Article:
Edible packaging and candy’s dodgy manufacturing process

A close up landscape of colorful candy of many varieties.
Candy is great, but the sweets can come at a cost (/source)

Natalia Welzenbach-Marcu | October 31st, 2018

When Halloween rolls around, people are bound to eat a metric ton of candy.

Unfortunately, most brands of candy are individually wrapped in non-recyclable materials, creating loads of extra trash during the holiday. With other non-biodegradable materials already littering our soil and water in abundance, an extra influx of plastic wrappers just seems like an inevitable side effect.

Many brands of candy have controversial making processes, too. Cocoa, depressingly, is largely manufactured using child labor, especially on farms along the Ivory Coast. Nestle, one of the biggest companies that uses these coast farms, also owns a water bottling company–and its trash makes up a good amount of debris found by the ocean.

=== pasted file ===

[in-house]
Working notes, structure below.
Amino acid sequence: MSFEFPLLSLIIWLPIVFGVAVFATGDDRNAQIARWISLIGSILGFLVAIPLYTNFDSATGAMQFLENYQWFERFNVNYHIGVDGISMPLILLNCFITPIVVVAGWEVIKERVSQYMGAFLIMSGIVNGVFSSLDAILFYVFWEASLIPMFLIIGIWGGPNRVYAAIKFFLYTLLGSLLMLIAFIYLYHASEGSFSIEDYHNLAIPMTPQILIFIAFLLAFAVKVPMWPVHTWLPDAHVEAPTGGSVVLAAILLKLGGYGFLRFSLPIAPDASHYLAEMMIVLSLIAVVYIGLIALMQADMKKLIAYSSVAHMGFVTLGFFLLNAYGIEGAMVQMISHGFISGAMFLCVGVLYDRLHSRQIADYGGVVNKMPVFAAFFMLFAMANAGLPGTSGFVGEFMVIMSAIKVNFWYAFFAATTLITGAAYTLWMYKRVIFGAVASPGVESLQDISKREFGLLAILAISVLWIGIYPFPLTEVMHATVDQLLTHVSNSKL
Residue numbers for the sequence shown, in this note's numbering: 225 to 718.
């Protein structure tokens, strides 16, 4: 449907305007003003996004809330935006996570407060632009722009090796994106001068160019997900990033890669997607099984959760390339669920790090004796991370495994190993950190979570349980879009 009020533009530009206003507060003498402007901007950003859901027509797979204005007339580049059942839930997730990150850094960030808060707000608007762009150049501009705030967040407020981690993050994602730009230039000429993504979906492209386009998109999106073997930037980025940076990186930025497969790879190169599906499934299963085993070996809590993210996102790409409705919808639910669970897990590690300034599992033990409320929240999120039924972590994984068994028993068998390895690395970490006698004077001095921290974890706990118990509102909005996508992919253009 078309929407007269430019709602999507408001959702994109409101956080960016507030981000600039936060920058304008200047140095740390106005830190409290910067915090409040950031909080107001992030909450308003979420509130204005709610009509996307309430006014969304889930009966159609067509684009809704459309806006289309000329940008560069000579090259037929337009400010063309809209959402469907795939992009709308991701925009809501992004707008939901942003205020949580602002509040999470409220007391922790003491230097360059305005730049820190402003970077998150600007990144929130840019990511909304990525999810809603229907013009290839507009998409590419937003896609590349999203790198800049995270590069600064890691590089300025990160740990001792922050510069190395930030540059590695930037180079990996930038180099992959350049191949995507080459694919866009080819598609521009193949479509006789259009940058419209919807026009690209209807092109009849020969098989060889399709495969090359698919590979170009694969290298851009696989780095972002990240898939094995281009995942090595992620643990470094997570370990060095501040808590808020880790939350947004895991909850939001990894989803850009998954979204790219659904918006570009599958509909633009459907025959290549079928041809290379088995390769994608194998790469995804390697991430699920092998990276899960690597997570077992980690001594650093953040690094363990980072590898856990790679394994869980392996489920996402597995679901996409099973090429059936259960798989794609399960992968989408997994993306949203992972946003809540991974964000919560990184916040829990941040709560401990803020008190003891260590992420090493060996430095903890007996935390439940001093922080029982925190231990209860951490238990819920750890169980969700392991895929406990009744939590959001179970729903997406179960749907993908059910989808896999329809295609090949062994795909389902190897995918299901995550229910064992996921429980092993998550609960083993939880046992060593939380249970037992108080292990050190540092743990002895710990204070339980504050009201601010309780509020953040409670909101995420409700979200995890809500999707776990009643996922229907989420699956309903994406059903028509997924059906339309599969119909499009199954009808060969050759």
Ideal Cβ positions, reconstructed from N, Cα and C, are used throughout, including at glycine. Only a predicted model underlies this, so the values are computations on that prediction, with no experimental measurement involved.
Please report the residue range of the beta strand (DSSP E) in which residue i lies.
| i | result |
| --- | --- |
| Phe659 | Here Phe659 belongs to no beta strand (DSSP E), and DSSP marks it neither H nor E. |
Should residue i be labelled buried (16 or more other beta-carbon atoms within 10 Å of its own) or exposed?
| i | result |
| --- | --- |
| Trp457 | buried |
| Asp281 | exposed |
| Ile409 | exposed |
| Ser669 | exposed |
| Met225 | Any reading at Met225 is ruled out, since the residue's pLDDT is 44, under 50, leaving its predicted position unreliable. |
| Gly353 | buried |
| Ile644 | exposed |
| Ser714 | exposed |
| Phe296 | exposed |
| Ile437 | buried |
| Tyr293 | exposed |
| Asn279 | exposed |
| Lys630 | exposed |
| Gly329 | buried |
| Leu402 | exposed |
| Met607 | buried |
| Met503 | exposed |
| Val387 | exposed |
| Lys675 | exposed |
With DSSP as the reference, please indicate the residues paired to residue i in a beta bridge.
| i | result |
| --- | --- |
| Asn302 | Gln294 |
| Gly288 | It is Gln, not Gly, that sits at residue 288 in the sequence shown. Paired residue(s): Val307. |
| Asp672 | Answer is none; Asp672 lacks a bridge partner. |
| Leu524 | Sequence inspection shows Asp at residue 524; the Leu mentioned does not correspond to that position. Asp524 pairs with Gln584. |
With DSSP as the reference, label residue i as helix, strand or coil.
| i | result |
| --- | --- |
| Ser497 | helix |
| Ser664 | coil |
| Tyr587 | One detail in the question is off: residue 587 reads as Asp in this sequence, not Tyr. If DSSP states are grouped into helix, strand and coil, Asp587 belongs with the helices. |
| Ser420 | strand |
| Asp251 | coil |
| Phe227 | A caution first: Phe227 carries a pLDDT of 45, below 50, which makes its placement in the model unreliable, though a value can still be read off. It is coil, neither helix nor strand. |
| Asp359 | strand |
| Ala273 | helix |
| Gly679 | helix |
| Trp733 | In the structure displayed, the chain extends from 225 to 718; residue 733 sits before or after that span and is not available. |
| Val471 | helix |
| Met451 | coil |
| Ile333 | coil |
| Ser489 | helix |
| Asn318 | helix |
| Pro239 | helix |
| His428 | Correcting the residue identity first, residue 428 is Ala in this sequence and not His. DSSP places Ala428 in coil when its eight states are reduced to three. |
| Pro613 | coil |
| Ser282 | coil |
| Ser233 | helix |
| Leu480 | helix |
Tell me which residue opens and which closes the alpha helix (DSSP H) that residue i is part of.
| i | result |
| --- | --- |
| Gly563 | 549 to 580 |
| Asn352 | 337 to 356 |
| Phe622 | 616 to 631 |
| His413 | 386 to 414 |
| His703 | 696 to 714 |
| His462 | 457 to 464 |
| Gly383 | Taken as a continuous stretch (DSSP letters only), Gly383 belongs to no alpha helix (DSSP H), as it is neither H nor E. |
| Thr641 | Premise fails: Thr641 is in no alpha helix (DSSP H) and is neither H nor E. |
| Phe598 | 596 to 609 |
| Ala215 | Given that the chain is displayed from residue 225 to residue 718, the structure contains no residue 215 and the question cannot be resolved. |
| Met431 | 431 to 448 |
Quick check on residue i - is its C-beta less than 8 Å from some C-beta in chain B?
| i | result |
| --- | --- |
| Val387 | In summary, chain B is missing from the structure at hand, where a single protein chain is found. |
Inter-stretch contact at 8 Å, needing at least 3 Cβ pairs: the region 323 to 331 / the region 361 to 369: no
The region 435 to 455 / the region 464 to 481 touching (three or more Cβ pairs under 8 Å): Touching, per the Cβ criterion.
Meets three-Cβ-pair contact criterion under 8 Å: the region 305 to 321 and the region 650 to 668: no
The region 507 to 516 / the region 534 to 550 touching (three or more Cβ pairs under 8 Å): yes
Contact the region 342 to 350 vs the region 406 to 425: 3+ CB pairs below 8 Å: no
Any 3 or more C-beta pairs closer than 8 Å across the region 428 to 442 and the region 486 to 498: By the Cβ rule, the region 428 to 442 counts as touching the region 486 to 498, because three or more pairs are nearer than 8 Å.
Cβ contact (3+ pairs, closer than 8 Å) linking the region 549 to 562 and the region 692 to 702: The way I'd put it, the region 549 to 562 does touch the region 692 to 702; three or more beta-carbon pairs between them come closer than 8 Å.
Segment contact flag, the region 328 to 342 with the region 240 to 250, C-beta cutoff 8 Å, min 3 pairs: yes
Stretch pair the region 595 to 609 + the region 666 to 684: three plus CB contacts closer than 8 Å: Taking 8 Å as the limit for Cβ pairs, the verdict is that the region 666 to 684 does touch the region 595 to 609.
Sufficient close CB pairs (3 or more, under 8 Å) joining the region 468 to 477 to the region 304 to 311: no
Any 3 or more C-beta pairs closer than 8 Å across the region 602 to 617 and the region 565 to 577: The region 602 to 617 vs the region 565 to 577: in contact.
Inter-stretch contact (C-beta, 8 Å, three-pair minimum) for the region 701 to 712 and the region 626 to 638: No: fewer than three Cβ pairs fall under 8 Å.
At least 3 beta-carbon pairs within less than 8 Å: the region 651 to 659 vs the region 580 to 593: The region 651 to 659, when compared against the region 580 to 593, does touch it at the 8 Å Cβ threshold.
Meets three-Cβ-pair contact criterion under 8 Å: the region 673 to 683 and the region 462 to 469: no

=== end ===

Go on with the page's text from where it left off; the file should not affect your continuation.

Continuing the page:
Fortunately, even though ethical issues are abound with candy, there are other, smaller companies leaping to make foods that aren’t so problematic. Recyclable packaging has been around for a while, and now, a new type of product is finding its way onto the market: edible packaging.

With plastic being a constant issue, companies like Tinning Straws are finding materials like seaweed to make everything from edible straws to digestible burger wrappers. The Canadian company Candy Cutlery makes edible spoons for customers to use with dessert. Many of these companies, partially because they’re often indie brands themselves, support local and fairly-produced foods and candies.

Being an ethical consumer is hard, especially when the alternative costs so much and is hard to obtain. As we collectively start to think about the impact candy and other foods have on the environment and on lower-income populations, these better alternatives will slowly become more and more widely available.

Until then, stay safe, don’t litter, and–obviously–Happy Halloween!

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